But  even if the combat is fun, i would have way more fun with not unified mechanics (working on a per case way instead of Sawyer's universal applicability) hard counters galore, and balance that is a priority only as long as it doesn't infringe on things that make the game interesting (narrative, setting, itemization, interesting magic that isn't damage/buff/debuff) all take priority.

So the absence of Sawyer as a Project Lead would improve the next game for me. I believe he is a good system designer on low level (if the broad core system direction isn't dictated by him), and had good creative ideas, but his core philoshophy isn't something i find particularly appealing.

 

And i believe it was a mistake to have him as Lead system designer in a IE successor, as his core design philoshophy is diametricaly opposed to AD&D,which was the core of the IE games.

His ideas would work like a charm in a turn based, classless game (which he would design if he was making his dream game), but shoehorned in a RTwP IE game doesn't work so good.( the excess micromanagement i mentioned above, the unified mechanics etc.)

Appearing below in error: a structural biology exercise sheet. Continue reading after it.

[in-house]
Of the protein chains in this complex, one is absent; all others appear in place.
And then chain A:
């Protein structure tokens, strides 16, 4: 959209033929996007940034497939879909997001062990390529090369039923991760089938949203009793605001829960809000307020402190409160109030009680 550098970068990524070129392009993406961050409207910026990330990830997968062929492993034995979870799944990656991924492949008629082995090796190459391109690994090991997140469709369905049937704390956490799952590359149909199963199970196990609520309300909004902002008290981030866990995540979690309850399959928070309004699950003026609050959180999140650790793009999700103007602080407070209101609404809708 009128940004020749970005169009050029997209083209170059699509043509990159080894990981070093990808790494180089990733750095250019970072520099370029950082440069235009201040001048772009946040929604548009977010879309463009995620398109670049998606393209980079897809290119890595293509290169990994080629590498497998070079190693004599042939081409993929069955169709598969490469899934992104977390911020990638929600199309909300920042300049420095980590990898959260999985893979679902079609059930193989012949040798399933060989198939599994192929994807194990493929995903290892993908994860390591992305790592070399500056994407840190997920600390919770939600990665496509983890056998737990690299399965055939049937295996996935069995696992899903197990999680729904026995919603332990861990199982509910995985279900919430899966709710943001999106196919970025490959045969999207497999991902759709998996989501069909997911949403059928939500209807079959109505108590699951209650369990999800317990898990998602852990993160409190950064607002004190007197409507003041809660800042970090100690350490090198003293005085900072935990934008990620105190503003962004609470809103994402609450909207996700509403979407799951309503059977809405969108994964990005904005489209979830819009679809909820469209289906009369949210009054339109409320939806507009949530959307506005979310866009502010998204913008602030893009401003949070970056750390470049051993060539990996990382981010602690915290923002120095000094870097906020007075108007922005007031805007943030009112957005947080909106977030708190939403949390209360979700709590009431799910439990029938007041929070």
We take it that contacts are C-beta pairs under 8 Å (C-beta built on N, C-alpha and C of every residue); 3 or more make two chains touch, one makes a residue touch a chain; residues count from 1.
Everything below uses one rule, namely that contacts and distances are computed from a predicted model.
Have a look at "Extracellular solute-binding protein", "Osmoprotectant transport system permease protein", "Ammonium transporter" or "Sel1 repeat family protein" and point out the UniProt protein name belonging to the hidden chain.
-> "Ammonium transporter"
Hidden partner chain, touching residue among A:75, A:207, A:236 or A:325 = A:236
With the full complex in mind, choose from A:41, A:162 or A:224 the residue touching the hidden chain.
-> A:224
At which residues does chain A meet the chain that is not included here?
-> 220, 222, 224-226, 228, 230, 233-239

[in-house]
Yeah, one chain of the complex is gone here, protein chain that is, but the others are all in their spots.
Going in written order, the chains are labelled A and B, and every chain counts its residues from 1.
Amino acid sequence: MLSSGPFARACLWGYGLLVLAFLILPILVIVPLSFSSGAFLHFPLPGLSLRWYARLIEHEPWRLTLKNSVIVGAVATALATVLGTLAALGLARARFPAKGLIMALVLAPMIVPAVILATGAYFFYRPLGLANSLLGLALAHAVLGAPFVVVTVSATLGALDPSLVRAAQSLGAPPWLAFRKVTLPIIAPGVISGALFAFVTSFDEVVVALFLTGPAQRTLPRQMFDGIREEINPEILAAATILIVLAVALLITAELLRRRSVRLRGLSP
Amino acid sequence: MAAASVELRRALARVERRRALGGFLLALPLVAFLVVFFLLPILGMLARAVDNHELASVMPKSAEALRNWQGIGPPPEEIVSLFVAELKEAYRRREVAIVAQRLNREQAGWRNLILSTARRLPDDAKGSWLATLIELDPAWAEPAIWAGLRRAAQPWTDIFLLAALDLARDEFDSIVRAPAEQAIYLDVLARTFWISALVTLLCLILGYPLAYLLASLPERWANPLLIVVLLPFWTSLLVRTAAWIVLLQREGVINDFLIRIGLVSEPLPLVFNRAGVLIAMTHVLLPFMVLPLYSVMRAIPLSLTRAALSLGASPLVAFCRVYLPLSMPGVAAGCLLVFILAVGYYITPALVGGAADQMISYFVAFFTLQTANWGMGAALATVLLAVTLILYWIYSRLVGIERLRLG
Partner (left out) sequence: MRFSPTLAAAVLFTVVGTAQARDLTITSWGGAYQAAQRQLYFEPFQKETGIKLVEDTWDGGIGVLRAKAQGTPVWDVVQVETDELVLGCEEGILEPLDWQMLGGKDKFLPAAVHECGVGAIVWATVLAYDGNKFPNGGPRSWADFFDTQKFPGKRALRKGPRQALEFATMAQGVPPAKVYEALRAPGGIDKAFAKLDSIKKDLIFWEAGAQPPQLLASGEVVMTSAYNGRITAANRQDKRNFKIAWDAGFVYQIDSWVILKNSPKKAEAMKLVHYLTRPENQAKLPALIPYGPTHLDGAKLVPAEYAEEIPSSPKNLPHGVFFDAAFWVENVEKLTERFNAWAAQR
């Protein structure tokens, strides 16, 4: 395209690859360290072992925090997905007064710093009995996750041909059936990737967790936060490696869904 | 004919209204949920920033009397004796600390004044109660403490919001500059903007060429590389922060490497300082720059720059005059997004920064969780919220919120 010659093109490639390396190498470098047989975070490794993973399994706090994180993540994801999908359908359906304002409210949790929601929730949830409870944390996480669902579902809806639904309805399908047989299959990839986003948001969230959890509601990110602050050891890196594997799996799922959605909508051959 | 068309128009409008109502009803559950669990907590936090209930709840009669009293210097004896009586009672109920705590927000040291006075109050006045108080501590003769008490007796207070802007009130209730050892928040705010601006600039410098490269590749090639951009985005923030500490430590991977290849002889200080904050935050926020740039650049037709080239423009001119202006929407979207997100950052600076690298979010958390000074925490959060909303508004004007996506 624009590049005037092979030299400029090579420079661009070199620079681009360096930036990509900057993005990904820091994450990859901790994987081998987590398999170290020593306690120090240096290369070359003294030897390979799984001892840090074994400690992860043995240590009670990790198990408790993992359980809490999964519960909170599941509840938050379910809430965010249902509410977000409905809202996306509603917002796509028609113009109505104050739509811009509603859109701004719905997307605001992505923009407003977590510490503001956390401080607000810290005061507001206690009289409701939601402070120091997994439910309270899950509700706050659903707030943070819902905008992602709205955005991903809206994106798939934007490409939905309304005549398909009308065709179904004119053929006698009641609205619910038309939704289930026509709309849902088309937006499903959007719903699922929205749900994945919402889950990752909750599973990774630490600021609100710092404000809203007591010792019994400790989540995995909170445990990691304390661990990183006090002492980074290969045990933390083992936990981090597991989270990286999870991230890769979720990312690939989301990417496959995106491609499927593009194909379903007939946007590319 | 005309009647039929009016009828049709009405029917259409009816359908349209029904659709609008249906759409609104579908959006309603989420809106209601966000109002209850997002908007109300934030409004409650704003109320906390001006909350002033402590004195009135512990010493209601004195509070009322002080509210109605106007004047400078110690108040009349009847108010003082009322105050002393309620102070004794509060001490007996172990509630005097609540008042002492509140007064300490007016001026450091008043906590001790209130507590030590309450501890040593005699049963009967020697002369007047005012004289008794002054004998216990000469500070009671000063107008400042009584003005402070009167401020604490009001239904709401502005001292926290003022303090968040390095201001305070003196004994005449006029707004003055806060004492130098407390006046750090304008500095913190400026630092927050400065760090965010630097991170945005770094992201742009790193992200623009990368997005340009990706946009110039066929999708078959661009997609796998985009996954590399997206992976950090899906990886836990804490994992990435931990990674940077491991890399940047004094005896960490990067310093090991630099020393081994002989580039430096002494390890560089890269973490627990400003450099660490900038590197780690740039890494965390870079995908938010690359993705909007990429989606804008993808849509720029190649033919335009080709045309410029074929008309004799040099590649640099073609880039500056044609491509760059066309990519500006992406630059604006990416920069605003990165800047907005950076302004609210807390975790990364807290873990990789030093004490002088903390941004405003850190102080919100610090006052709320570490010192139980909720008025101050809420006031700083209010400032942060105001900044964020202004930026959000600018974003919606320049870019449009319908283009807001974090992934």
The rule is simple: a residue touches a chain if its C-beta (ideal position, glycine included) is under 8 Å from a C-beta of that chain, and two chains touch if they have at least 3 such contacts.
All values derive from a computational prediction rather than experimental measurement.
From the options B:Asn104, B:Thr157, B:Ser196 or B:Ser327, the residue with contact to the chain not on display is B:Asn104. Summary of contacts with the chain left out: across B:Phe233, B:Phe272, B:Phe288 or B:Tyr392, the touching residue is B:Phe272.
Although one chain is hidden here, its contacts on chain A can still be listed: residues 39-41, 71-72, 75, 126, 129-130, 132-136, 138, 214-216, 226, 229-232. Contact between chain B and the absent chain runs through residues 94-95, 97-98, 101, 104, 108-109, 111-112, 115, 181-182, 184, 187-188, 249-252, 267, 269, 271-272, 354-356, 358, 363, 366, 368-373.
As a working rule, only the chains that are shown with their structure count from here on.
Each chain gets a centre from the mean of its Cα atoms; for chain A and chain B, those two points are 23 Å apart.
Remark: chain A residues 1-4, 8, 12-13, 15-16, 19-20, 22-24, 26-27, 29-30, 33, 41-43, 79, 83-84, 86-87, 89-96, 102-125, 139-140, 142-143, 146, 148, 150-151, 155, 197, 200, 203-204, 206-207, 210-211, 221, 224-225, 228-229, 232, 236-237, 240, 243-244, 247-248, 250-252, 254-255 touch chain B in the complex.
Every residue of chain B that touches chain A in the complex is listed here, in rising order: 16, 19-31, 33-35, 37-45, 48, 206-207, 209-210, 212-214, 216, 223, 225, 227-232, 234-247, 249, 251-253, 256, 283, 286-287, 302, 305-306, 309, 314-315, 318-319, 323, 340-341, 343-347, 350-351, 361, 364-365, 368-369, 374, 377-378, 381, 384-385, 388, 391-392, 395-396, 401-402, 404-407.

I agree. I feel like PoE is being designed as a turn based game that has been awkwardly shifted into "real time space".

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Haha, oh man...

 

...I feel like PoE is being designed as a turn based game that has been awkwardly shifted into "real time space".

 

 

Actually, you may be confused. The IE games are the ones that tried to shoehorn things like "Rounds," "THAC0," "Attacks Per Round," "Initiative" (as "Speed"), "Vancian Magic," Die Based Damage, etc etc etc into RTwP. PE was designed from the ground up as a RTwP title.

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Haha, oh man...

 

...I feel like PoE is being designed as a turn based game that has been awkwardly shifted into "real time space".